Hippocrates said it best, “Let Food Be Thy Medicine, and Medicine Be Thy Food.” How can you translate this ancient wisdom into success in a more expensive modern world? These 7 best ways to eat organic on a budget will allow you to add more organic foods into your diet, and help you get the most bang for your buck!Buy clean food.Buying organic meat, dairy, and eggs, and produce will reduce the chance of ingesting the pesticides and herbicides commonly used in conventional farming.  If you’re on a tight budget, at least go organic with foods found on the  “dirty dozen” list. They have the highest levels of residual chemicals when grown non-organically.  Keep in mind, though, that if it isn’t organic, there’s no way of knowing whether or not it is GMO, since labeling isn’t required.

  • Apples
  • Celery
  • Cherry tomatoes
  • Cucumbers
  • Grapes
  • Nectarines
  • Peaches
  • Potatoes
  • Snap peas (imported)
  • Spinach
  • Strawberries
  • Sweet bell peppers

Plus these, which may contain organophosphate insecticides, which Environmental Working Group characterizes as “highly toxic” and of special concern:

  • Hot peppers
  • Blueberries

Cook at home.

If you make your own meals, you will be less likely to buy unhealthy food products as you begin to try new foods and expand your horizons. You’ll also save money compared to eating out, where there is really no guarantee that the restaurant food is organic or GMO-free.

Buy sustainably grown food.

If you visit farmer’s markets or local farms, you know where your food is coming from. Some farms use organic techniques, but can’t afford the organic certification. Timing your visit on market day can help save  a few dollars on organics. Farmers and growers are often more inclined to offer bargains near closing time. When it comes to packaged foods, ask where the ingredients are sourced, and if they are certified organic or grown without pesticides and herbicides.

Eat seasonal.

Buying fresh food that is out of season where you live often means that it is grown and shipped by another country. You can expect to pay more to cover the shipping costs. Stock up while food is available, and you can store it for months with preservation techniques such as canning, jarring, or freezing. Lacto-fermentation is an excellent way to preserve fresh produce while providing the healing qualities of probiotics to your digestive system.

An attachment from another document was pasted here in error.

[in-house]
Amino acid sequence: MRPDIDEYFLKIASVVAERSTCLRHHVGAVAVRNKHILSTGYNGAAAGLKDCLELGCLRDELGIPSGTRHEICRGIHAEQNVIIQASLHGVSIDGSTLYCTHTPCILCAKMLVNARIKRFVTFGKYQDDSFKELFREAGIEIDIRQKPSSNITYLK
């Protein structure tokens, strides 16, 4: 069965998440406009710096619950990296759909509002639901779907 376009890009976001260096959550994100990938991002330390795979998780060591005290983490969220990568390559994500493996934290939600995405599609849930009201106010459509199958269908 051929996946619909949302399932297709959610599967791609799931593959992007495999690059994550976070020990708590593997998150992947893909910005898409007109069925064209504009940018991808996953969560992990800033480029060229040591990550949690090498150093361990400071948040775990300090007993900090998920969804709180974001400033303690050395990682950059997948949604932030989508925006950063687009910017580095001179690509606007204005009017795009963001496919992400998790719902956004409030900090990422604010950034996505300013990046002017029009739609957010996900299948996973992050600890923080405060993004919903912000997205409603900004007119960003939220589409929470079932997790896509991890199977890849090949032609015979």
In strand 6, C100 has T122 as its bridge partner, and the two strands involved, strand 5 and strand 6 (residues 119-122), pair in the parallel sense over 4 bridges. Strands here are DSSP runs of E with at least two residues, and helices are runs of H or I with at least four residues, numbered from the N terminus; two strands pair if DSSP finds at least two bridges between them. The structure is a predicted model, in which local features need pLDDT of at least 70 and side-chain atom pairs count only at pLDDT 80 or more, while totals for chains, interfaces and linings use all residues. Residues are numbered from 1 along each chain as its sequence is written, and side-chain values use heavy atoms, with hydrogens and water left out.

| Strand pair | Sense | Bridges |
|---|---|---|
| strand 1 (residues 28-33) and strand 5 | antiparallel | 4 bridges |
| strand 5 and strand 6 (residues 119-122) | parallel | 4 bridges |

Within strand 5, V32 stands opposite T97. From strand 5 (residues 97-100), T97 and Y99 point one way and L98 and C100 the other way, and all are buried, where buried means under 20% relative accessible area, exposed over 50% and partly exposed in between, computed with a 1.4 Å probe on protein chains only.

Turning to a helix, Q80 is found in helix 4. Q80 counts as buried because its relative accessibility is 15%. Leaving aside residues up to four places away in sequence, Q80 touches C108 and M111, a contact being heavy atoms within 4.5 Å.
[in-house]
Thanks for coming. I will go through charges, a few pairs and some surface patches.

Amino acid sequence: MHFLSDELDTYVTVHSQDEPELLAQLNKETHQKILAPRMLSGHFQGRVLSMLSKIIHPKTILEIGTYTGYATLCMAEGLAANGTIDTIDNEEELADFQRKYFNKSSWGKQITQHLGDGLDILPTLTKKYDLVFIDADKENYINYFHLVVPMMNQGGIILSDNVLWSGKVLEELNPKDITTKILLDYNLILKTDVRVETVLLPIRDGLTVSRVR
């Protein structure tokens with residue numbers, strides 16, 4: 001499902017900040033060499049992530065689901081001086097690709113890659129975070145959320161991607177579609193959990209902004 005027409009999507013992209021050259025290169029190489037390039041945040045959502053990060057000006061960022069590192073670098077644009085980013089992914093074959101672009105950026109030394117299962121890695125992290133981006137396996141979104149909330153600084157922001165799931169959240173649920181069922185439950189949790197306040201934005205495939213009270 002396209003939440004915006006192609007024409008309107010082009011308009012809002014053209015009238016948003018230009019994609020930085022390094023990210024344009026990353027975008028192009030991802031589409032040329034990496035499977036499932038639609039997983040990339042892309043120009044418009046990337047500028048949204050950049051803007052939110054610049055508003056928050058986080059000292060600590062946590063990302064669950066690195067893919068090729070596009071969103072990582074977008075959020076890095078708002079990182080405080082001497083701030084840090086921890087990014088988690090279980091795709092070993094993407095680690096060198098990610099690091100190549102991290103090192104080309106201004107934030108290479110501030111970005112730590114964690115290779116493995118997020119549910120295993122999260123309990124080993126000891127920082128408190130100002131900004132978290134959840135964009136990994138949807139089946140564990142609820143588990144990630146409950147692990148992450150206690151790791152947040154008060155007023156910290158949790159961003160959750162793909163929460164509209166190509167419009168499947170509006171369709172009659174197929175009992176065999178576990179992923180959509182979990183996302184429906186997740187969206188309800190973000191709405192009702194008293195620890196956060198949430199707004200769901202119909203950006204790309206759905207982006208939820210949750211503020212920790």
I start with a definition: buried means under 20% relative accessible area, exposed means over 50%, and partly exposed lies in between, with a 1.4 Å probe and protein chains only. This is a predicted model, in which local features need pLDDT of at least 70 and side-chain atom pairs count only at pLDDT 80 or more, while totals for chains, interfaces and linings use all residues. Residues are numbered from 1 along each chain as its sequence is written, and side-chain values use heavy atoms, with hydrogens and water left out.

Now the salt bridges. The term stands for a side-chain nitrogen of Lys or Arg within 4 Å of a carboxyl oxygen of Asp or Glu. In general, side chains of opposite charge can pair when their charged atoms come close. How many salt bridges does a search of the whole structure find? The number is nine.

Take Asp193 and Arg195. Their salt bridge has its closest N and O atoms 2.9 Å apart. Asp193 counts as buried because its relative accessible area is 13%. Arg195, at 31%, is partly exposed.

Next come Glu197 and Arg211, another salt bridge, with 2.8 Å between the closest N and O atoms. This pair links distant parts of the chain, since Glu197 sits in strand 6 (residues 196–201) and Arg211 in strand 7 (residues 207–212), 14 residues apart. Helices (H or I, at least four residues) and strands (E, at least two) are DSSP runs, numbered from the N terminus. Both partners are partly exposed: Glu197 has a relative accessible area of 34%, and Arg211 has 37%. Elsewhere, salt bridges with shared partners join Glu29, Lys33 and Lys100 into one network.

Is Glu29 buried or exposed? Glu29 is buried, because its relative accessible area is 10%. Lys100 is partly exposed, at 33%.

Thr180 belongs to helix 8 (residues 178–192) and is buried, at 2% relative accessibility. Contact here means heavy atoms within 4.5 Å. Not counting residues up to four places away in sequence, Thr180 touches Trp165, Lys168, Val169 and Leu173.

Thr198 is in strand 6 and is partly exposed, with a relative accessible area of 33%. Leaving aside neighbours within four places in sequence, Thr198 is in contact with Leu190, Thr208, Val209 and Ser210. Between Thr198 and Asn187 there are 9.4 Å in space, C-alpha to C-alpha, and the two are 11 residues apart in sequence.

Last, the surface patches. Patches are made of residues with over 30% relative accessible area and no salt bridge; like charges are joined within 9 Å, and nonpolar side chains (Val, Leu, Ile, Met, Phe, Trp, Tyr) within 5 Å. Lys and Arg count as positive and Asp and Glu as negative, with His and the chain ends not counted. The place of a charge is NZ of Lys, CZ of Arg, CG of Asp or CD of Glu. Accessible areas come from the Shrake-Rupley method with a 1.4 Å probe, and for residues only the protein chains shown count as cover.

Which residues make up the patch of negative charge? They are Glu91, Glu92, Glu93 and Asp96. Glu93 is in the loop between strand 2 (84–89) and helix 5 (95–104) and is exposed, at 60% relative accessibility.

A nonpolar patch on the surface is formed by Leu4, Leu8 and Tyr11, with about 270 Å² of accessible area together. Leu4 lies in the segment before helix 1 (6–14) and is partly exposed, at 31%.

Use bulk purchasing.

Many beans, lentils, nuts, and seeds can be kept in cold storage for a long time, especially in glass containers. Quinoa is one example of a healthy, high protein grain that will stay fresh for months. If you prefer, however, to “put meat on the table”, consider whole-animal purchasing, which will save you hundreds of dollars compared to the high-price per pound generally found on individual one pound packages. If the cost is too high up front for your family budget, consider sharing the purchase with family and friends.

Grow a garden.

This can be a cost-effective form of organic food production with high return on investment. For the cost of seeds and soil, and some weekend work, you’ll reap the rewards right at your door throughout your growing season In addition to saving money, you’ll gain a greater appreciation for nature and the food that you eat.

Eat less animal protein.

Contrary to what the American lifestyle has led us to believe, daily consumption of meat can be detrimental to a healthy lifestyle. You can get plenty of proteins and essential fats from plant-based foods such as nuts, seeds, lentils, and beans. Try sprouted seeds for a live nutrient-packed treat that will give you real energy for hours.

Although others around you may be experiencing illness, you can continue to gain strength and light up as a beacon of hope for everyone to see. With serious intentional living, you begin to feel the healthy benefits of eating organic. If a product is labeled “Organic”, you take important steps to decreasing your exposure to harmful food ingredients.

Image: doublebug via flickr